Grow food, live local and love life

Posted by Robin Hallett on Fri 14 April 2017

How personal experience and philosophies shape transition

I recently joined Transition Towns Maroondah. I have always been moderately conscientious in regards to the environment and hence had heard of the movement but now that my family and I are settled here for the foreseeable future, it made sense to get involved. Why? Well, it all has to do with perspective.

Life can be busy. Sometimes it feels like it is nothing but busy. One thing after another, usually before the first has paused, but we do what we must because rent isn’t cheap, bills keep going up and it’s hard to get what you need to feed the family for under a hundred dollars, some would say impossible. Let’s not even start on the cost of fuel…

Life can be busy. Sometimes it feels like it is nothing but busy.

What is the cost of fuel? Seriously? I don’t know. I have a bike. My wife has a bike and my son is way too young to drive. I have never owned a car and to be honest, I am ok with that. It gives me something that I think we all need a little more of; a different perspective. Yes, life is busy and the cost of living in Melbourne has gone up but what we ‘have to do’ is not as black and white as we think. We can change a few simple aspects of our lives and it can give us more choice. More moments. More life. Let me tell you a couple of personal anecdotes that have played a big part in the choices I have made and allowed me to live, for the most part, contently.

My parents were the quintessential hippies. They saved up a bit, bought a property in the forest and built a wood house. As kids the four of us wintered a year in a tent while the walls and roof were finished. Mum has tales of shaking the frost off the blankets. We didn’t have mains power until I was in year twelve. We had only tank water and a lot of hand me downs and op-shop clothes. We had a composting toilet and goats. Written like that it sounds like we had it pretty rustic and limited out in the forest, it really wasn’t though and I don’t really remember ever going without. Mum and Dad always used to say, ‘Budget the luxuries first.’

My childhood was filled with good friends, fires, fresh food and neighbours.

Every Friday for as long as I could remember neighbours would drop around and have a chat in the evening. Sometimes just a couple of people would drop in for a coffee and on others we would end up with thirty or more people over, music and wine flowing freely and kids flitting in and out of the light of the campfire. We lived below the poverty line all our childhood but I never once felt poor. I didn’t know it at the time but I was lucky enough to have gained a different point of view from the very beginning.

In my sixth year of university, I was feeling indecisive about my future, so I went on exchange to Mexico for six months. It was my first trip abroad and I went armed with zero Spanish, no experience and only knowing one person....and it was awesome. It was new, vibrant, challenging and different in every way. I studied hard but I lived harder, soaking Mexico in like a sponge and as a result, the biggest shock I had while travelling, was surprisingly, coming home. I suddenly felt like the people and culture I had lived in all my life was so different to what I had previously thought and I felt angry. I suddenly saw that what I had thought was normal, was actually indulgent and wasteful in so many ways. Life here seemed so easy and yet all everyone did was complain. It took me a long time to settle back in and it really showed me the importance of perspective, knowing that what you or I may think of as normal, isn’t necessarily so.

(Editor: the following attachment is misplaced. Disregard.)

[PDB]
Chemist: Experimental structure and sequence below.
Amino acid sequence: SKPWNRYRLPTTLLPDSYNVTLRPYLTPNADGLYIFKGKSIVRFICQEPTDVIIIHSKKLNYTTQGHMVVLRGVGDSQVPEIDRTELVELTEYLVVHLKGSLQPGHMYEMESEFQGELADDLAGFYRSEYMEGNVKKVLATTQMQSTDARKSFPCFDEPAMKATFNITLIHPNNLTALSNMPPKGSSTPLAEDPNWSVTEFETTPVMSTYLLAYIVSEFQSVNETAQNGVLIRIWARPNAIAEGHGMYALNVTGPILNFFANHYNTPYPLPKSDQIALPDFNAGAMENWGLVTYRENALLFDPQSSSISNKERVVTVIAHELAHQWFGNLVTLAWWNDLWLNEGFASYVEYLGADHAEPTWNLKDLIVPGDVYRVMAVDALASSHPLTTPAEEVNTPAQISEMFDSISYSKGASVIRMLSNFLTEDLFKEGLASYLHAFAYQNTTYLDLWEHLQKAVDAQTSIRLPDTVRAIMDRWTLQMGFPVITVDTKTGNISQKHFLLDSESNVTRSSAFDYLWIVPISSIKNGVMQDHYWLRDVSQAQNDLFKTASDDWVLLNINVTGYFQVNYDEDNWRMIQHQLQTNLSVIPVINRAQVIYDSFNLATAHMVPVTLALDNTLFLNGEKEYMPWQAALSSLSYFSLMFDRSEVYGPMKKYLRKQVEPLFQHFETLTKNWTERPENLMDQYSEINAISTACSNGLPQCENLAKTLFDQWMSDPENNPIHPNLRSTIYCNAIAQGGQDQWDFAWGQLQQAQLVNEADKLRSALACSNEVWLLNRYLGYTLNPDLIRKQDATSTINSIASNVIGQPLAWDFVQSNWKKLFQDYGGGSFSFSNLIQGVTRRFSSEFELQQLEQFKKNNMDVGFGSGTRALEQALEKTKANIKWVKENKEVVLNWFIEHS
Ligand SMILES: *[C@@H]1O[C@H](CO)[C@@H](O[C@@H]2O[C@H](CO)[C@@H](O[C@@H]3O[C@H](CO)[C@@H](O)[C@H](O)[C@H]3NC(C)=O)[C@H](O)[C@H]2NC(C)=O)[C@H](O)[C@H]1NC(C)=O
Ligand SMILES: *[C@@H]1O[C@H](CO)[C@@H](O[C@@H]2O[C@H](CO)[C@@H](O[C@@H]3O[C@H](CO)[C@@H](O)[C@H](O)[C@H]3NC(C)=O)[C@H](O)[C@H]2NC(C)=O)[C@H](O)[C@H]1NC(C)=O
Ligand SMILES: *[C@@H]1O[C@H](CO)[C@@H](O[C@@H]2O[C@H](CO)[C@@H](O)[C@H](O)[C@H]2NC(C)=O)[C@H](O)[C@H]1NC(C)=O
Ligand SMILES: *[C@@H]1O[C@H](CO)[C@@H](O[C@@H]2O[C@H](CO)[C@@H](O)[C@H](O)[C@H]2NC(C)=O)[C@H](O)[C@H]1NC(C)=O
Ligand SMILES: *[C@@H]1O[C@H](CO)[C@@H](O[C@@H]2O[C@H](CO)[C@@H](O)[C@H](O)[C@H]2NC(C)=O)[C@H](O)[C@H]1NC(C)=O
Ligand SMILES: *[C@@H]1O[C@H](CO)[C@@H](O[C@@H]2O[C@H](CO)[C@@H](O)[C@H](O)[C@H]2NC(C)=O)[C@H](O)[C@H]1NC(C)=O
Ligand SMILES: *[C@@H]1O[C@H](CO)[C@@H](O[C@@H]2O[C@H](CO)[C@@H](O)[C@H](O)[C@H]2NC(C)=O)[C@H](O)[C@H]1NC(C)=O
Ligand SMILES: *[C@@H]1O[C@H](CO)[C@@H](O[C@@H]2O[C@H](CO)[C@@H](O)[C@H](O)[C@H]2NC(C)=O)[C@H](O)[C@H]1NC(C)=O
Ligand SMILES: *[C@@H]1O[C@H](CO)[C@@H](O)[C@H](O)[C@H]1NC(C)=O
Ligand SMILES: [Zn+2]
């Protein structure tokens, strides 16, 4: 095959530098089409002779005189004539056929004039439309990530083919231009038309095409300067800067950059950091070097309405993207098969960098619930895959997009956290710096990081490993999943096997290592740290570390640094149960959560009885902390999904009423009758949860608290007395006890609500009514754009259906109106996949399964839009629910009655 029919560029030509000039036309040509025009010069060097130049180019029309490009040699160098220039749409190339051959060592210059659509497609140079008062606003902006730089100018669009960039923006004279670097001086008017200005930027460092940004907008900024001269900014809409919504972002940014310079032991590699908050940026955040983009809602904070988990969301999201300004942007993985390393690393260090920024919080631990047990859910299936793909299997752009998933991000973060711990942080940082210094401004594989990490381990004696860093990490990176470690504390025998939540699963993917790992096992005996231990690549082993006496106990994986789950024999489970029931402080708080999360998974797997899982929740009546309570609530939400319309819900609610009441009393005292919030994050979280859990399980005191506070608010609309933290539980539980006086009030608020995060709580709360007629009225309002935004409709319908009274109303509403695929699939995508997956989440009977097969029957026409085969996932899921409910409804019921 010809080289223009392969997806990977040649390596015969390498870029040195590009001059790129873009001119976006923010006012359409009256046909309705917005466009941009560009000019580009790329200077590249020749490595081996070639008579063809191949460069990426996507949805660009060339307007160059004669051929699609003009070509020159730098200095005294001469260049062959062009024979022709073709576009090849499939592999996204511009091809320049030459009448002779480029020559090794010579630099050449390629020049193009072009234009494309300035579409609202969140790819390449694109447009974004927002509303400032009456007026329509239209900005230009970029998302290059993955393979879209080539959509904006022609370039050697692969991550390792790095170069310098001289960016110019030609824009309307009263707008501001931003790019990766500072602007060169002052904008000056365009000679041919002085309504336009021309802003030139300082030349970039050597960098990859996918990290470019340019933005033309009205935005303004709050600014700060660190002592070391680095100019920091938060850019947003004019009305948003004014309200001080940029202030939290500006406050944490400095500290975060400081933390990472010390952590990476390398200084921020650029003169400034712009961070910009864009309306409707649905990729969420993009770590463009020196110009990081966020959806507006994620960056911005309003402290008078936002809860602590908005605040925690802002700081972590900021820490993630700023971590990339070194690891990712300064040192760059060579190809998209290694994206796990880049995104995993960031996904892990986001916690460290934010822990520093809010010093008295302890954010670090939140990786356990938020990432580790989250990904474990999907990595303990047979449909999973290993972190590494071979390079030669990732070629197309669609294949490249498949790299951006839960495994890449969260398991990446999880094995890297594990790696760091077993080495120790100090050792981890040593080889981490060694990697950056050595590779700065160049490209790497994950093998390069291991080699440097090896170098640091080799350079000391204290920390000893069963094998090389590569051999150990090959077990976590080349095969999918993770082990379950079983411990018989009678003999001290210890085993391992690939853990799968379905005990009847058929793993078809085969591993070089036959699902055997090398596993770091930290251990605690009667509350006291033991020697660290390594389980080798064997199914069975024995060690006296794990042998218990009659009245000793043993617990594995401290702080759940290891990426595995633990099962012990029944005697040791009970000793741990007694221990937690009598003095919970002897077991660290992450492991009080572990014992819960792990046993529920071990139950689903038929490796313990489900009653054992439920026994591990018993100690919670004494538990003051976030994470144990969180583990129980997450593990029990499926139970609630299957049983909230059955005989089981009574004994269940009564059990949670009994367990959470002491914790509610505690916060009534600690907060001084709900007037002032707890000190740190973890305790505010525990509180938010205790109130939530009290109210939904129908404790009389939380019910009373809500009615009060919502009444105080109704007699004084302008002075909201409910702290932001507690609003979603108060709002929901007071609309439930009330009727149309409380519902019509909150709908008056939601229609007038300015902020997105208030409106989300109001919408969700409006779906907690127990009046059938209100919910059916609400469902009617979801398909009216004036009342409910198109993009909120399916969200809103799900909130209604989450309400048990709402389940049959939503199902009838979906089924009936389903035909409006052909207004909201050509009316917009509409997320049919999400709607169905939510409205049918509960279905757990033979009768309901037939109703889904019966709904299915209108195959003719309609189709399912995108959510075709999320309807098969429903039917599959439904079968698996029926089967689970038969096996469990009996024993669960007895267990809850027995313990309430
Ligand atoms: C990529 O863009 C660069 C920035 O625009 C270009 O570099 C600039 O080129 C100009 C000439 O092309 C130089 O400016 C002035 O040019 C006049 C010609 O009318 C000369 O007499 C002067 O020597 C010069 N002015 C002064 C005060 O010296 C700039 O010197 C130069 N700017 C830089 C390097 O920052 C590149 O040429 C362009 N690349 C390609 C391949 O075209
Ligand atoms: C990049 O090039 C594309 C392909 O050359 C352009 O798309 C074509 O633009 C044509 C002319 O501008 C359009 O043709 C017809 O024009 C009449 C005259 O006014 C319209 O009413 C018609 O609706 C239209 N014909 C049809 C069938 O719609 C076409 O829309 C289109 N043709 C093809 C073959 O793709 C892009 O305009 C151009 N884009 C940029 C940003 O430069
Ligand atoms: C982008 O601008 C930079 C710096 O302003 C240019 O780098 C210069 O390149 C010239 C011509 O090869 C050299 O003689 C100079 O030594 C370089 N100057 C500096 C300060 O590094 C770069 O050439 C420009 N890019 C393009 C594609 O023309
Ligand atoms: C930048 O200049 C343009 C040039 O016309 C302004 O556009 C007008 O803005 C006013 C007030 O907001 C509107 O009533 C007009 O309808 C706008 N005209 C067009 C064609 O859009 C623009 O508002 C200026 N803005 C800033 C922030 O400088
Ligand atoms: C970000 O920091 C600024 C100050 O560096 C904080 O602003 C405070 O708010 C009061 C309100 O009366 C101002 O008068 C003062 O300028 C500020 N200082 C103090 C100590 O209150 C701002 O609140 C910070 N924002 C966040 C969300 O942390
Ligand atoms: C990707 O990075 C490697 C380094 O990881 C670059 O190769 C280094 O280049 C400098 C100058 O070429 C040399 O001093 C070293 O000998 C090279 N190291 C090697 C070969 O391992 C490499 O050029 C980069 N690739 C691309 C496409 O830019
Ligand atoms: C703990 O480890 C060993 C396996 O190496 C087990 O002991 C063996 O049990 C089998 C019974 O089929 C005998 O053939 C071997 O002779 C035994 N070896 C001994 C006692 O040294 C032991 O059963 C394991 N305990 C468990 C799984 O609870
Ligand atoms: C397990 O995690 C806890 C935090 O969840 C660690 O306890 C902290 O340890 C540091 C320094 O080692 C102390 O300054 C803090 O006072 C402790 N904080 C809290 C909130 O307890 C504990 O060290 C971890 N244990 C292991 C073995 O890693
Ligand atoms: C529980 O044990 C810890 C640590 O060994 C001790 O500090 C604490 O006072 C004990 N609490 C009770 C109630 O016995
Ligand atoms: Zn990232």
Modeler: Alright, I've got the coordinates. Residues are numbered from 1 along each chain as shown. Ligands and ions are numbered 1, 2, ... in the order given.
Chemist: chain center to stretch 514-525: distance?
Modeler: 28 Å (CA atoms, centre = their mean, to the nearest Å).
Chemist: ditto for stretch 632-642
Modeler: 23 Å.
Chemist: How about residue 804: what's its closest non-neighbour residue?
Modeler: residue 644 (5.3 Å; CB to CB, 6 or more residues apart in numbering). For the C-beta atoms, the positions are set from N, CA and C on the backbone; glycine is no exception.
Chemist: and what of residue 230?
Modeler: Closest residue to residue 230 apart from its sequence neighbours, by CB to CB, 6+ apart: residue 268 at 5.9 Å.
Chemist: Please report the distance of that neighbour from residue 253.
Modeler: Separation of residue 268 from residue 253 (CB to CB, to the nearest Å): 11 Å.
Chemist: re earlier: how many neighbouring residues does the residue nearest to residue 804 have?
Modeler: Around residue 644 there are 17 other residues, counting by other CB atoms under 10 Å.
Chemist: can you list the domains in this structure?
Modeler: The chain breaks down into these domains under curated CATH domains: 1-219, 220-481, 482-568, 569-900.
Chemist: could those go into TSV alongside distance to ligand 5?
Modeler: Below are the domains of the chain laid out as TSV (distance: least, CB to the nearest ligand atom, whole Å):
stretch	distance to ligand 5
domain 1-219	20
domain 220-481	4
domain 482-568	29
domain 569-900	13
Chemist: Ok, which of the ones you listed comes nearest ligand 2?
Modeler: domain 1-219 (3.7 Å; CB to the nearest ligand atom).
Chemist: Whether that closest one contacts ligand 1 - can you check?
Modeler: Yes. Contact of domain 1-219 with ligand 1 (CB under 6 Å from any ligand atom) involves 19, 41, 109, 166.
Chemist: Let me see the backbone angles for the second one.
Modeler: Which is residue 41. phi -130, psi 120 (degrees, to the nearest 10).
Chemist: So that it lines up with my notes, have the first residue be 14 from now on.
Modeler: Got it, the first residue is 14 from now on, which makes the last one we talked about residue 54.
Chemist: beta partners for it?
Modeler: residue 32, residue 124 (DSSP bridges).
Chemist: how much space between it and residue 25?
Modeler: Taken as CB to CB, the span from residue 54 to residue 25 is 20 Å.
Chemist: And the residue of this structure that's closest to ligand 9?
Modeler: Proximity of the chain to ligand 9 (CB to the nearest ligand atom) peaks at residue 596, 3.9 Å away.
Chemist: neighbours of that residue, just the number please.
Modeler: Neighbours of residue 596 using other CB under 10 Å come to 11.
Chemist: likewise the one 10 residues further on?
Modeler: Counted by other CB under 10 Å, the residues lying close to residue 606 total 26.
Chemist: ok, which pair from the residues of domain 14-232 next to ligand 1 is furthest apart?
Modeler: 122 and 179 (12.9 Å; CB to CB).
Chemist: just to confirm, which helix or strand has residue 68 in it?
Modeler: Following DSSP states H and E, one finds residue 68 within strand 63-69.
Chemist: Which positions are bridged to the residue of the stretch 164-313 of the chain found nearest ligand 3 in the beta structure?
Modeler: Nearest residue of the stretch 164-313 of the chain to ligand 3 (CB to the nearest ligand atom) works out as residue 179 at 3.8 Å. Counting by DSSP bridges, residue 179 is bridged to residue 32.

My wife and I were in Japan when we fell pregnant and decided, probably for the first time in our relationship, that we were going to need a plan. We needed a series of years that were reasonably predictable, within which to bring our new little guy. So we had a big talk, we loved life on the road, we loved our life and if we were going to throw it all away and ‘settle down’ then we had to do it in our way. We talked for a long, long time and made a decision, that as long as we had our perspectives, we would take with us the seeds of what brought us such joy in our travels and plant them where ever it was we settled.

So here we are today, feet touching the ground in Maroondah with our perspective intact and loving life. How? First...People. Wherever we have been it has been people that have made our stay amazing. We have always been found, created or discovered amazing communities who have taken us in wherever we went and we wanted this for our son. So making strong links with others was the first step. Next was learning. Learning is everywhere. On the road everything is new and you always have to adapt and thrive. It makes us smile to be constantly filling our minds and our lives with more knowledge. We foster learning and enquiry in all that we do. The last was our surroundings. Overseas, we hiked to the tops of mountains and travelled in oceans. We were constantly surrounded by amazing nature and incredible architecture. The environment, nature, life, became a really important focus for us and we decided that wherever we were, our family would try and be in constant contact with nature. With those things in mind, every day forward we continue to grow food, live local and love life part of that is becoming active members of transition towns.



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